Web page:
Other key industries nationalized include the telecommunication and electrical markets. Admittedly, Chavez's nationalizations did not consist solely of expropriating the property of others for the benefit of the "people of Venezuela." Like any good politician, Chavez pandered to big business, offering two Spanish electrical companies, Iberdrola and Elecnor, a total of nearly two billion dollars to build a 1000Mw electrical plant in the city of Cumaná, in eastern Venezuela. The average construction cost for the specific type of plant being built was $0.75 a watt. Chavez paid Iberdrola and Elecnor $2 a watt.

"Economies are not built on cash. Automobiles are not fabricated out of money. Families do not eat paper."

The nationalization of the utility industry has been a disaster. Venezuela continues to suffer from severe power and water shortages. This all seems surreal for a country with the largest reserve of crude oil outside of the Middle East, as well as one of the largest hydroelectric systems in the world. The resource shortages are largely a result of years' worth of price controls, as Chavez sold his socialist revolution by providing Venezuelans with cheap energy. Unfortunately, the market has adjusted at the expense of the average Venezuelan, as artificially low prices have led to severe shortages in available resources.

The government's response to the shortages has been even greater regulation of the use and distribution of these utilities. Venezuelans who use more than the prescribed amount of energy and water are subject to taxation, while even heavier fines are imposed upon businesses. The result has been widespread damage to Venezuela's economy. Stores open later and close sooner, limiting the amount of business they receive, while large industrial plants find it difficult to run efficiently under the government's energy quotas.

While this is disastrous from the point of view of an economist, it is even more so from the perspective of the average Venezuelan. Indeed, standards of living have decreased, as the lack of electricity has caused issues with refrigerating food, and citizens can no longer enjoy some of the luxuries they did prior to the economic crisis.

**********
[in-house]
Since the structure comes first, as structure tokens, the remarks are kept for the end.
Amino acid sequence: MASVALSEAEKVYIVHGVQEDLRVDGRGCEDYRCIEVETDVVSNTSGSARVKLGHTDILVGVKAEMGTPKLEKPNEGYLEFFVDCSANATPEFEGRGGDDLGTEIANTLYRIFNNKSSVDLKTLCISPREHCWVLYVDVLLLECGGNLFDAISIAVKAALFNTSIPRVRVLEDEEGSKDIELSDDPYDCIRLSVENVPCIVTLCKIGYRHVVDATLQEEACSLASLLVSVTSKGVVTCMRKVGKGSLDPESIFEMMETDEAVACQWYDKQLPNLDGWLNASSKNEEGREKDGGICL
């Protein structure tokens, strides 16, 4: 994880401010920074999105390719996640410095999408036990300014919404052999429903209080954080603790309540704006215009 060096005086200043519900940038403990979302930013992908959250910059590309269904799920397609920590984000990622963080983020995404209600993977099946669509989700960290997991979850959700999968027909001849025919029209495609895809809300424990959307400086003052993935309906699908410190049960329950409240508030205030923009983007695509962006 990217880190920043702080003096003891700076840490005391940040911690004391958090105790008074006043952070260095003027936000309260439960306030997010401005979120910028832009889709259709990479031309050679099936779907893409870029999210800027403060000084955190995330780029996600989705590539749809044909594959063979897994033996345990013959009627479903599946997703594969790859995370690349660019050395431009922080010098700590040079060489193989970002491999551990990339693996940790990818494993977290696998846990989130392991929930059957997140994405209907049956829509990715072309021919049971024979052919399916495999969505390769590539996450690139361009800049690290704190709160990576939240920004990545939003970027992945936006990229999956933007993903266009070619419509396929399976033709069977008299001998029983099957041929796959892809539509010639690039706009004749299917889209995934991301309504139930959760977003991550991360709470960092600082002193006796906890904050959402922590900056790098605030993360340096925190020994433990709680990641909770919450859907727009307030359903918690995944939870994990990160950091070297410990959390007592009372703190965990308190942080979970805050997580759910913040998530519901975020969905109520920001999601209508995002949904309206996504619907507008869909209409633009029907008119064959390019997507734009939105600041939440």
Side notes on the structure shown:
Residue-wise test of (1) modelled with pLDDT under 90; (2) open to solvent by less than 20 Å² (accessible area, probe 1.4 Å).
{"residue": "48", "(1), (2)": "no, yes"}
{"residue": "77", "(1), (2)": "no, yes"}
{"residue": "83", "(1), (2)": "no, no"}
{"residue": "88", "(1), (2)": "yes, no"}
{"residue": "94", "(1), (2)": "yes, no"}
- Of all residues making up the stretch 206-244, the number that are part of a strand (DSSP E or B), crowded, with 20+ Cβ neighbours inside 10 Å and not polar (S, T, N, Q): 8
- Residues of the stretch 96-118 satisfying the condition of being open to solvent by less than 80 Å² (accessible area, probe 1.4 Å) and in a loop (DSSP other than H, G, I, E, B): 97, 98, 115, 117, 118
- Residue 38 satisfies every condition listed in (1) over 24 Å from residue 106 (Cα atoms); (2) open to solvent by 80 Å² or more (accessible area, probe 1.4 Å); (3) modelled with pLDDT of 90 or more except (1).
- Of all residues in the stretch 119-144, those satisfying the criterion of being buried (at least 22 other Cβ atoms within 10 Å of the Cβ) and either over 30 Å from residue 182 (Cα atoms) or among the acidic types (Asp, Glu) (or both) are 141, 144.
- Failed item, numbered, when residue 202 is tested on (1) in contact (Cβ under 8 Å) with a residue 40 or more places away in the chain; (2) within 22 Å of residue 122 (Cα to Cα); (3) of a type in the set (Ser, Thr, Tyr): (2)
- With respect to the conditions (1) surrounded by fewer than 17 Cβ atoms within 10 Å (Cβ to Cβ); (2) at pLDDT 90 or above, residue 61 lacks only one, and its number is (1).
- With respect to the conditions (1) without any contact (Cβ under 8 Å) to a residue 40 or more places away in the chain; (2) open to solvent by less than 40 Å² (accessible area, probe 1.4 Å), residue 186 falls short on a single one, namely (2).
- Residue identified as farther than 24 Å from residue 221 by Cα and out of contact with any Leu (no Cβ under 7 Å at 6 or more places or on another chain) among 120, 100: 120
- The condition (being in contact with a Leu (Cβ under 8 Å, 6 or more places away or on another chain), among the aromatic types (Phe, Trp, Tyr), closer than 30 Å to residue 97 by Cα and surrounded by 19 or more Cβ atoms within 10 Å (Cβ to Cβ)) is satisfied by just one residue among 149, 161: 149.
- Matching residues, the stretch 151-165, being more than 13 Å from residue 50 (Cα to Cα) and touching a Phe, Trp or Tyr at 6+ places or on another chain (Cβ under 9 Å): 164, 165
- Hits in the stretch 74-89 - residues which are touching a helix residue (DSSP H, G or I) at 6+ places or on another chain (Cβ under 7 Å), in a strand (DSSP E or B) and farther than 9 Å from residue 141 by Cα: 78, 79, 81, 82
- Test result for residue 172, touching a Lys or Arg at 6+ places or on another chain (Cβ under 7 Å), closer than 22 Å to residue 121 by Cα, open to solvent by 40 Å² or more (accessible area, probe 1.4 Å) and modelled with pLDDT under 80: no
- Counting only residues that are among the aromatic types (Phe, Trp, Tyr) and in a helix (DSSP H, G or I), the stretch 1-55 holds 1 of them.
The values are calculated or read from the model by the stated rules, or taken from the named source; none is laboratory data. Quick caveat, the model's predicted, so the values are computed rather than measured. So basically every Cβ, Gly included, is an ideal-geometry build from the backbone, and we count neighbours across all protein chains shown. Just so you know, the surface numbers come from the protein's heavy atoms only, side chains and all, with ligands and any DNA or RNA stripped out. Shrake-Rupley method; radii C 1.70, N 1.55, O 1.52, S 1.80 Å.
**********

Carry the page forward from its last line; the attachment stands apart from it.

The utility industry is hardly the only sector to see continued nationalization and regulation. The automobile industry, hardly able to afford the necessary parts and materials due to a very weak bolívar, found its production quotas regulated and dictated by the Chavez dictatorship. The alternative was expropriation. The unsurprising result of Chavez's regulation of the automobile industry has been a shortage of cars! So, while new cars are purchased many months before production, the price of used cars has soared in the face of increasing demand.

Chavez also nationalized the cement industry as a means of solving the "housing shortage." Continued shortages and difficult economic conditions have prompted the nationalization of even more industries, including steel producers and food suppliers.

The banking industry has not been left alone. In the face of possible bank failures, Hugo Chavez decided not to risk a bailout. Instead, he outright nationalized banks most likely to default, while threatening those "failing to comply with the law." Of course, "not complying with the law" roughly translates into "failing to remain a source of income for the government." It is no surprise that the financial sector is mostly led by Chavez military lackeys, and Chavez's favorite form of regulation has been actively replacing the leadership of certain banks by purging his own appointees. The result of all of this has been capital flight, as investors look to secure whatever wealth they can by moving their investments offshore.